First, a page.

Your graphing calculator in an invaluable resource on your AP Calculus exam, and can be a lifesaver if you know how to use it well. It will allow you to solve questions quickly, find roots of equations, easily determine derivatives, find the minimization of functions, determine definite integrals, examine the shape of curves, and easily find the intersection of equations. It is not allowed on every section, but is required on a little under half the exam. Knowing good calculator strategies can help you immensely on the exam.
Which calculator should I get?
There are many calculators currently available. You can find older (see TI-83 and TI-84s) versions that have been around for almost 20 years as well as newer versions that have touch screens and can perform much more complex tasks. There are pros and cons to each. The simplicity of the older ones makes them easier to learn with, leading to less wasted time jogging through menus and options. The newer ones can solve fancy integrals and differential equations.
One of the key strategies is to choose one version early in the year, and use the same calculator for the entire year. By the time you get to the AP Exam, the last thing you want to be worried about is figuring out the details of your calculator. You want to know the machine inside and out, and make sure that every key stroke is second nature. These calculators can do amazing things, but you do not want to be searching through menus to figure out how to take an inverse of a trigonometric function, or to figure out how to take logarithms, or find the minimum on a graph. Every part of the calculator that you might use on the AP exam should be very familiar by the time you get there.
Calculator strategies for the AP Calculus Exam
Besides the basic functions that these calculators share with scientific calculators, you should practice working with the graphing functions.
Choosing an appropriate window size
When graphing a function, you need to have an idea of what the function should look like. For instance, let us take a basic example. Imagine the equation ? = (x – 10)2 − 20. You should have an idea that this is a parabola with a vertex of (10, -20), and two roots. However, if you quickly graph this in a standard window on your calculator, you would see something that might be quickly confused with a linear function. Depending on what you’re trying to do, this could lead to mistakes or missing solutions.
Know how to resize your window both manually and using the automatic window sizing functions on your calculator.
Roots and Intersections
You should be able to determine the number of roots and the number of real roots a function should have, and where these roots exist.
Firstly, the degree of a polynomial tells us the number of roots. Let us take y =x3-3x-3. This is a 3rd-degree polynomial, or a function with 3 roots. However, knowing nothing else about this function, we do not know how many real roots it has. Imaginary roots always come in pairs, so this function might have 3 real roots, and 0 imaginary roots, or 1 real root, and 2 imaginary roots, but it cannot have 3 imaginary roots. The graph should be able to tell us more:
Notice the graph has a local maximum below the y-axis. Since the slope of the curve changes direction twice without crossing the x-axis, we know complex roots exist.
Here we have the function y = x3-3x-1. We can see the function cross the x-axis 3 times, and therefore we know we have 3 real roots.
Different calculators have different ways of finding these roots. Make sure you are able to use your calculator to find the roots of a function.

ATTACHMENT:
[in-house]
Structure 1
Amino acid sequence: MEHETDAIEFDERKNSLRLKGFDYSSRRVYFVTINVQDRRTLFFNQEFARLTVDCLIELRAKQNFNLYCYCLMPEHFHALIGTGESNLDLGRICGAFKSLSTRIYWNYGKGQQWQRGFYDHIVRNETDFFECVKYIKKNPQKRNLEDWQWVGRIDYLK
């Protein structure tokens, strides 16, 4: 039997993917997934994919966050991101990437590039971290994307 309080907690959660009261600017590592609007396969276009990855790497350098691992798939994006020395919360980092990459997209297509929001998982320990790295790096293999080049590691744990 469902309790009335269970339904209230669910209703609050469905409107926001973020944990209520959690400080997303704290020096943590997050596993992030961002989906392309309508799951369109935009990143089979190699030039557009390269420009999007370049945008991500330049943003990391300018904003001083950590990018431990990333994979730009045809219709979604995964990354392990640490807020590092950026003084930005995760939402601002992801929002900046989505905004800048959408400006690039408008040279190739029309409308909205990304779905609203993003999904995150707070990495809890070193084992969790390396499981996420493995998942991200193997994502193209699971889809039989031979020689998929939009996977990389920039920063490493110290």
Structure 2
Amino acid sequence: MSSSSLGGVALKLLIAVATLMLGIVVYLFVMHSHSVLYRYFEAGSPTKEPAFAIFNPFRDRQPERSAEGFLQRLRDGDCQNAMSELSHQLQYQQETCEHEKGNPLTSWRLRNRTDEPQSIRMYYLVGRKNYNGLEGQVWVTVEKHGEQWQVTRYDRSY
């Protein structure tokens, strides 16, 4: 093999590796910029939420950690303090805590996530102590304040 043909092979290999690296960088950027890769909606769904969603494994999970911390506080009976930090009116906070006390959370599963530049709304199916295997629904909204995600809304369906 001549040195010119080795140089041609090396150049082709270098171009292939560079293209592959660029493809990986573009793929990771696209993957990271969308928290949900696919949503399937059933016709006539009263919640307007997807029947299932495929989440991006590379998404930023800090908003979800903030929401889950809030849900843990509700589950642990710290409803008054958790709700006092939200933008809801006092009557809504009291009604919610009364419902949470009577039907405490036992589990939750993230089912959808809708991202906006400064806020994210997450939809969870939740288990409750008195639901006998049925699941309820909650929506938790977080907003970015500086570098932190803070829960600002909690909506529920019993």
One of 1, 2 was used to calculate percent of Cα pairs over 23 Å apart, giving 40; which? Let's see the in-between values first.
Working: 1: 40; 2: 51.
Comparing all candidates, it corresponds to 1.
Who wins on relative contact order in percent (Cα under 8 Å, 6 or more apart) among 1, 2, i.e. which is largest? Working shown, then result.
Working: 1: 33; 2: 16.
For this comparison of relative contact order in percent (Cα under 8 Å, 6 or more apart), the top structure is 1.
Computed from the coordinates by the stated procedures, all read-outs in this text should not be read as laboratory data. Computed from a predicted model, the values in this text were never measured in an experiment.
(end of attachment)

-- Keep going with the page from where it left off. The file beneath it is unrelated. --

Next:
Minimums and Maximums
You should be able to calculate the minimums and maximums of graphed functions. Different calculators do this in different ways. As well, the shape of the graph should tell you if the point you found is a local or absolute minimum or maximum.
If we look at the example above, y = x3-3x-1, we can see that both x=-1 and x=1 produce a local maximum and a local minimum. Although since the graph goes to negative infinity on the left, and positive infinity on the right, we know that these are not absolute minimums and maximums (an odd degree polynomial ALWAYS has a range of negative infinity to positive infinity).
Solving Multiple Equations
Sometimes it is necessary to solve for the solution set of multiple equations. There are many ways of doing this on graphing calculators (some modern calculators have programs built in for this), but often the easiest way is to graph the two (or more) equations and find the intersection. Note, this only works for 2 variable equations.
Let us find the solution to:
Graphing the two equations gives us
We see that there are two intersection points. Your calculator will be able to easily find what these two points are, giving us the solution set to our system of equations.
Graphing calculators are invaluable tools. Different models have a wide variety of abilities. You can easily do well on the AP exam with the simplest of graphing calculators, but the important thing to remember is that you need to know what your calculator is able to do, and how to do it before you get to the AP exam. The exam itself is not the time to be searching through menus on your calculator or wondering if it will be able to solve an equation. By the time the exam comes around, everything you plan on using your calculator for should be second nature.
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Zachary is a former mechanical engineer and current high school physics, math, and computer science teacher. He graduated from McGill University in 2011 and spent time in the automotive industry in Detroit before moving into education. He has been teaching and tutoring for the past five years, but you can also find him adventuring, reading, rock climbing, and traveling whenever the opportunity arises.
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